Museums are places of dialogue, places of questions, and some of this dialogue can involve furious discussion, even on origins and acquisition policies and even on thefts, and collections that might have suspect origins and I think this is part of the richness of museums. I’ve seen this taking place. There have been returns, there have been museums that originally had collections that were questioned but some of these collections had been given by the source communities to these museums on the condition that originally they belonged to these communities and that they are now given on permanent loans or that they are given as gifts. To me that is the way forward rather than re-branding and segregating.

TF — Today, the requests by smaller nations and source communities for repatriation of objects are often criticised by some leading museum directors as a form of nationalism, on the grounds that all cultures are essentially hybrid and “mongrel” and that those calling for return are failing to understand the cosmopolitan nature of culture. What is your response to that?

GA — Well, I’ve heard that argument and I’ve written about returns and I’m one person who doesn’t believe in mass returns. I don’t think it makes sense, especially for collections that have been in these museums for hundreds of years. Unless they are human remains. In those cases I really have no short cut. I think if the source communities want them back, they should go back. But I believe that we should not shut doors and claim that these cultural objects are cosmopolitan. They must have origins and if those origins can be traced they must be returned to those places. There are materials, of course, that have origins in Britain, others that have origins in the USA, or in Germany, or in France, and if they can prove that, why not ask for them? I think the same applies to other parts of the world, to Asia, to the Pacific, to Australia, Africa, South America. The most important thing is not to hide behind terminologies...the whole concept of urbanism, metropolitanism, and all these things. The important thing is to sit down and create dialogue with those who are claiming, and not to take cover under the big name of Universality and then say ‘There are no more questions, we cannot discuss’. However, I also believe this issue of calling for mass repatriation of materials from museums taken from one place or another many years ago is also irresponsible. I’ve always been very categorical when it comes to the solutions. I think we need negotiation and ICOM has set up a structure where people can negotiate and agree. I personally believe very much in permanent loaning but I also believe that museums that have these collections, where there are have arguments about them, or claims behind them, they need to sit down and negotiate without dismissing these claims as cosmopolitan, as cross-cultural, and that they cannot be discussed. They need to engage in dialogue so that discussion can prevail at the end of the day. But as I’ve also said, I don’t believe in mass transfer of material from museums back to source communities just because they can show it was theirs... unless it is human remains. With that one it becomes very tricky. And also certain religious paraphernalia that can be proved to be still relevant to those particular communities.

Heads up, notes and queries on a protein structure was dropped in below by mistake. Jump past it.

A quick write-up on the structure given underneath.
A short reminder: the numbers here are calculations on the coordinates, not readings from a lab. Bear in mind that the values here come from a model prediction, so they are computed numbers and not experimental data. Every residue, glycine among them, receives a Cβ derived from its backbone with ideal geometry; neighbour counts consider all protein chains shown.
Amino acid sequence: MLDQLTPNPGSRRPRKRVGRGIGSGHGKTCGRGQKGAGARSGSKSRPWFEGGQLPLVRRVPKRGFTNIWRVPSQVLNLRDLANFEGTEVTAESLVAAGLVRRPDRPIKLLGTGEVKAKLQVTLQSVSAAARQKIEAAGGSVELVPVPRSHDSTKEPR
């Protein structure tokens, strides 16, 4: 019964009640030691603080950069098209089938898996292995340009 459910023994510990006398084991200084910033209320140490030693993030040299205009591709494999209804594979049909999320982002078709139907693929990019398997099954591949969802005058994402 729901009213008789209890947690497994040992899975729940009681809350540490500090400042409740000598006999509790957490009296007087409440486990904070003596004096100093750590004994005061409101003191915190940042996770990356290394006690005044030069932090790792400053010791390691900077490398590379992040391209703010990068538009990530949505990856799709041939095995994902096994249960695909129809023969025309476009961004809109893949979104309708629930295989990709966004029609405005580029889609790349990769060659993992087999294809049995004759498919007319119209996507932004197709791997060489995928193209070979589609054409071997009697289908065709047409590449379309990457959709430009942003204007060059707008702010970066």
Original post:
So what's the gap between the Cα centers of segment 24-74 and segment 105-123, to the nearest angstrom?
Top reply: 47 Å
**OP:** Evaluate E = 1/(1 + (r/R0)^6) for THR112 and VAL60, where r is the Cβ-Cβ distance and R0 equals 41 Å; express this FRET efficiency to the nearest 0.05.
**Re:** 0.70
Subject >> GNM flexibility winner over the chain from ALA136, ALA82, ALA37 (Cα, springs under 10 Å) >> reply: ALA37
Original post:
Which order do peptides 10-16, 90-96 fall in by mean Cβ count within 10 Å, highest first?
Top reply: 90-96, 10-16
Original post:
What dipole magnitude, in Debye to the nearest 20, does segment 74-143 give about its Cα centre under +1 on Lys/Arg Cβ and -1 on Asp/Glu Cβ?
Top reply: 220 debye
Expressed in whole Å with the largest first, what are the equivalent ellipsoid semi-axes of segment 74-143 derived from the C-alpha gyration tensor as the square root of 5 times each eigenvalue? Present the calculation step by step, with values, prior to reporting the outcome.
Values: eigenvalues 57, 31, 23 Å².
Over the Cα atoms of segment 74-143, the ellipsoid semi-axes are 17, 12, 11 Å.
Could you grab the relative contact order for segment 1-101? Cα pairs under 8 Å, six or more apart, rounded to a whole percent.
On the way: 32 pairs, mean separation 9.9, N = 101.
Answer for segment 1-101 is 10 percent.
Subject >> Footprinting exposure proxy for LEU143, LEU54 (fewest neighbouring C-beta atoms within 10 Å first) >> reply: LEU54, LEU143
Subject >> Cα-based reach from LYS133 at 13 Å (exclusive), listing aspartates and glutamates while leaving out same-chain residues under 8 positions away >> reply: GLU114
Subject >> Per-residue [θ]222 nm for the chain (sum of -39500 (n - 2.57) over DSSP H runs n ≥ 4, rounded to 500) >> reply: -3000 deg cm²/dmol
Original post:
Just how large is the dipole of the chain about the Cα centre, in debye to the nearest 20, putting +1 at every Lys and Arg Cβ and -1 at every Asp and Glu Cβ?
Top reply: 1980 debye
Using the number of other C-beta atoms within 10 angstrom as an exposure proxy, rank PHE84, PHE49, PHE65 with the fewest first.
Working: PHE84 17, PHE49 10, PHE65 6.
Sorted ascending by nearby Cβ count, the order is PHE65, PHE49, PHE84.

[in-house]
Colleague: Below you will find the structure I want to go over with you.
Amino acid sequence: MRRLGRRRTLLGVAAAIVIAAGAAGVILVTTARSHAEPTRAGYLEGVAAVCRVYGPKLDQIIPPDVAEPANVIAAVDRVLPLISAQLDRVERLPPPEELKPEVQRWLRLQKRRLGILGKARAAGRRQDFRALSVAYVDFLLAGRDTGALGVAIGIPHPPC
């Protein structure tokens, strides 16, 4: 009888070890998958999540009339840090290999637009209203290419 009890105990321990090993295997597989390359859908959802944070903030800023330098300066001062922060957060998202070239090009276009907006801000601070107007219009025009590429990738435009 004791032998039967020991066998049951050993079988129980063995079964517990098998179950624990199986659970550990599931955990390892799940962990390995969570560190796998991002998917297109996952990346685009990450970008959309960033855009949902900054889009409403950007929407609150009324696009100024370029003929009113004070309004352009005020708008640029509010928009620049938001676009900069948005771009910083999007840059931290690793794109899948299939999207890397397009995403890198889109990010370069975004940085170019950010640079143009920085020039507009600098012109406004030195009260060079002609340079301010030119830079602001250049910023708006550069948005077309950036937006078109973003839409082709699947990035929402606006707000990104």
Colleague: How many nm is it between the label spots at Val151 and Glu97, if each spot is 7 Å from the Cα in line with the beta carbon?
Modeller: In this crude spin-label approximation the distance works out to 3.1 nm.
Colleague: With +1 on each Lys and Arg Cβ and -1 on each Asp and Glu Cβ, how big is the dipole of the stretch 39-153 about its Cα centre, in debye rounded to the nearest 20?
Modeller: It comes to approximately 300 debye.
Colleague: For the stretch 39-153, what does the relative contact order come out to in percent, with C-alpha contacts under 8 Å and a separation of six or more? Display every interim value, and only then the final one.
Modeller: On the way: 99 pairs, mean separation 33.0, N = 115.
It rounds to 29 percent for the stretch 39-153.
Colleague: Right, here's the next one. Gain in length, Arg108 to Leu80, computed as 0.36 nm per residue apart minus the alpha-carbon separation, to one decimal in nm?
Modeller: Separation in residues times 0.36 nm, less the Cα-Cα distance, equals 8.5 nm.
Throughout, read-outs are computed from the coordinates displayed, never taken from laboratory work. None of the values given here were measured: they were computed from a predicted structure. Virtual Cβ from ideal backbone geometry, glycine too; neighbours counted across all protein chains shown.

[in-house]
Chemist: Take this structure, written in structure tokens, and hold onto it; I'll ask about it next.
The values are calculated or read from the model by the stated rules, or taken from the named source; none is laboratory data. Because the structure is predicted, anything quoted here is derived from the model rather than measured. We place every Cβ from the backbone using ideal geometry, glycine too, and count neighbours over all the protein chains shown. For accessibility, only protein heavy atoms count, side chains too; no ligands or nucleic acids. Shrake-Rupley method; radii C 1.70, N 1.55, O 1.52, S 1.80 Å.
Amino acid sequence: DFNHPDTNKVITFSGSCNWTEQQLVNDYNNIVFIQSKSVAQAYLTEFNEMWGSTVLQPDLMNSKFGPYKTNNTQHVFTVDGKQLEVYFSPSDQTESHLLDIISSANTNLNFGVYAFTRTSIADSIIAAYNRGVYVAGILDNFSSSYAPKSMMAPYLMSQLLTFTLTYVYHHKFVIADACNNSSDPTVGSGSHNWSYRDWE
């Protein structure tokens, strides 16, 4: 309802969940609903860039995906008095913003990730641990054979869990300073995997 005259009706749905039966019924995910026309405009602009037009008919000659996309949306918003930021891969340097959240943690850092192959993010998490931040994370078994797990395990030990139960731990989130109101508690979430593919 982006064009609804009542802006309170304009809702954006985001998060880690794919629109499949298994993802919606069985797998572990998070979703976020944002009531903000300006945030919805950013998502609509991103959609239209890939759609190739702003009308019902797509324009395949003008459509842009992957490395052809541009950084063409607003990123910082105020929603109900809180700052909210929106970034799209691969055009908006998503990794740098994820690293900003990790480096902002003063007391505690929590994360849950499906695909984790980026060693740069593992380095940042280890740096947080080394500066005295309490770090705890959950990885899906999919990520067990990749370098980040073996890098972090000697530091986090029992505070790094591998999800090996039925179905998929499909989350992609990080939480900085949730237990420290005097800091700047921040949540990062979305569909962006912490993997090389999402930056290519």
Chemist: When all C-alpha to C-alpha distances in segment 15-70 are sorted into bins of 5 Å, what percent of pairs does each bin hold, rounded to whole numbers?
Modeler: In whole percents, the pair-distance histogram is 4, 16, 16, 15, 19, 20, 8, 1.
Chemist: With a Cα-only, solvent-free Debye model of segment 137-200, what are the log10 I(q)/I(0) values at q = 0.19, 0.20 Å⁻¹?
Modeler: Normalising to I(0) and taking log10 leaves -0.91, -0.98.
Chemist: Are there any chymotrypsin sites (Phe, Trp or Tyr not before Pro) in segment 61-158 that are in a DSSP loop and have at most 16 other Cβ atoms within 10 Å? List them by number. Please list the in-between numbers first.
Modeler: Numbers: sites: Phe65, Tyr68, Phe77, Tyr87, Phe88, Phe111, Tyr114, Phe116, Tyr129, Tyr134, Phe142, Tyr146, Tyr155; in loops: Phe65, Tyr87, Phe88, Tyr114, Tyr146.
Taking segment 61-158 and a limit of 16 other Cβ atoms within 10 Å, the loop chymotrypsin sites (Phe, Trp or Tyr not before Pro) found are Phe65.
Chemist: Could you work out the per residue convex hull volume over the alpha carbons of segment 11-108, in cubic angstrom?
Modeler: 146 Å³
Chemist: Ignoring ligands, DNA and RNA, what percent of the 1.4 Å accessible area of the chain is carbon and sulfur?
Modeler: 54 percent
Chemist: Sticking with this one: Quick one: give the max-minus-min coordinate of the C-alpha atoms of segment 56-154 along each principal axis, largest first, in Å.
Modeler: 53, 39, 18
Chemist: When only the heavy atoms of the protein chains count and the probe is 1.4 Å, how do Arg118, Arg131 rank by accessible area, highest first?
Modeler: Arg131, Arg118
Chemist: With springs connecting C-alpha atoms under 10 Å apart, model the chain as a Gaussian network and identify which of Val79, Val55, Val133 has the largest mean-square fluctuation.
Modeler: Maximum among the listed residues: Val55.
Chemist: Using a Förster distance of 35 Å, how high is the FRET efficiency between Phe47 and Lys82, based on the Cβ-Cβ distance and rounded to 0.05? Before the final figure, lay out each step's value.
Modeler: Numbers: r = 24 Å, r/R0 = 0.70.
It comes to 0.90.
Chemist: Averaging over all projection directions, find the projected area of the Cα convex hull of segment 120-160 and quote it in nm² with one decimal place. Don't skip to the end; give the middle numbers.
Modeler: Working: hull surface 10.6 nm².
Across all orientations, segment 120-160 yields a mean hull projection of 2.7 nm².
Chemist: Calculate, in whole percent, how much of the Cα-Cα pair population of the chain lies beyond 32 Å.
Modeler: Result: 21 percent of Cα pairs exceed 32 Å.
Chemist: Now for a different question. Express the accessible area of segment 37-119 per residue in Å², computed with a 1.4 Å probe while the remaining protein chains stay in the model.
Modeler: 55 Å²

Dr. Flynn is a lecturer at ARCA and author of The Universal Museum

Part two of this article will be published tomorrow.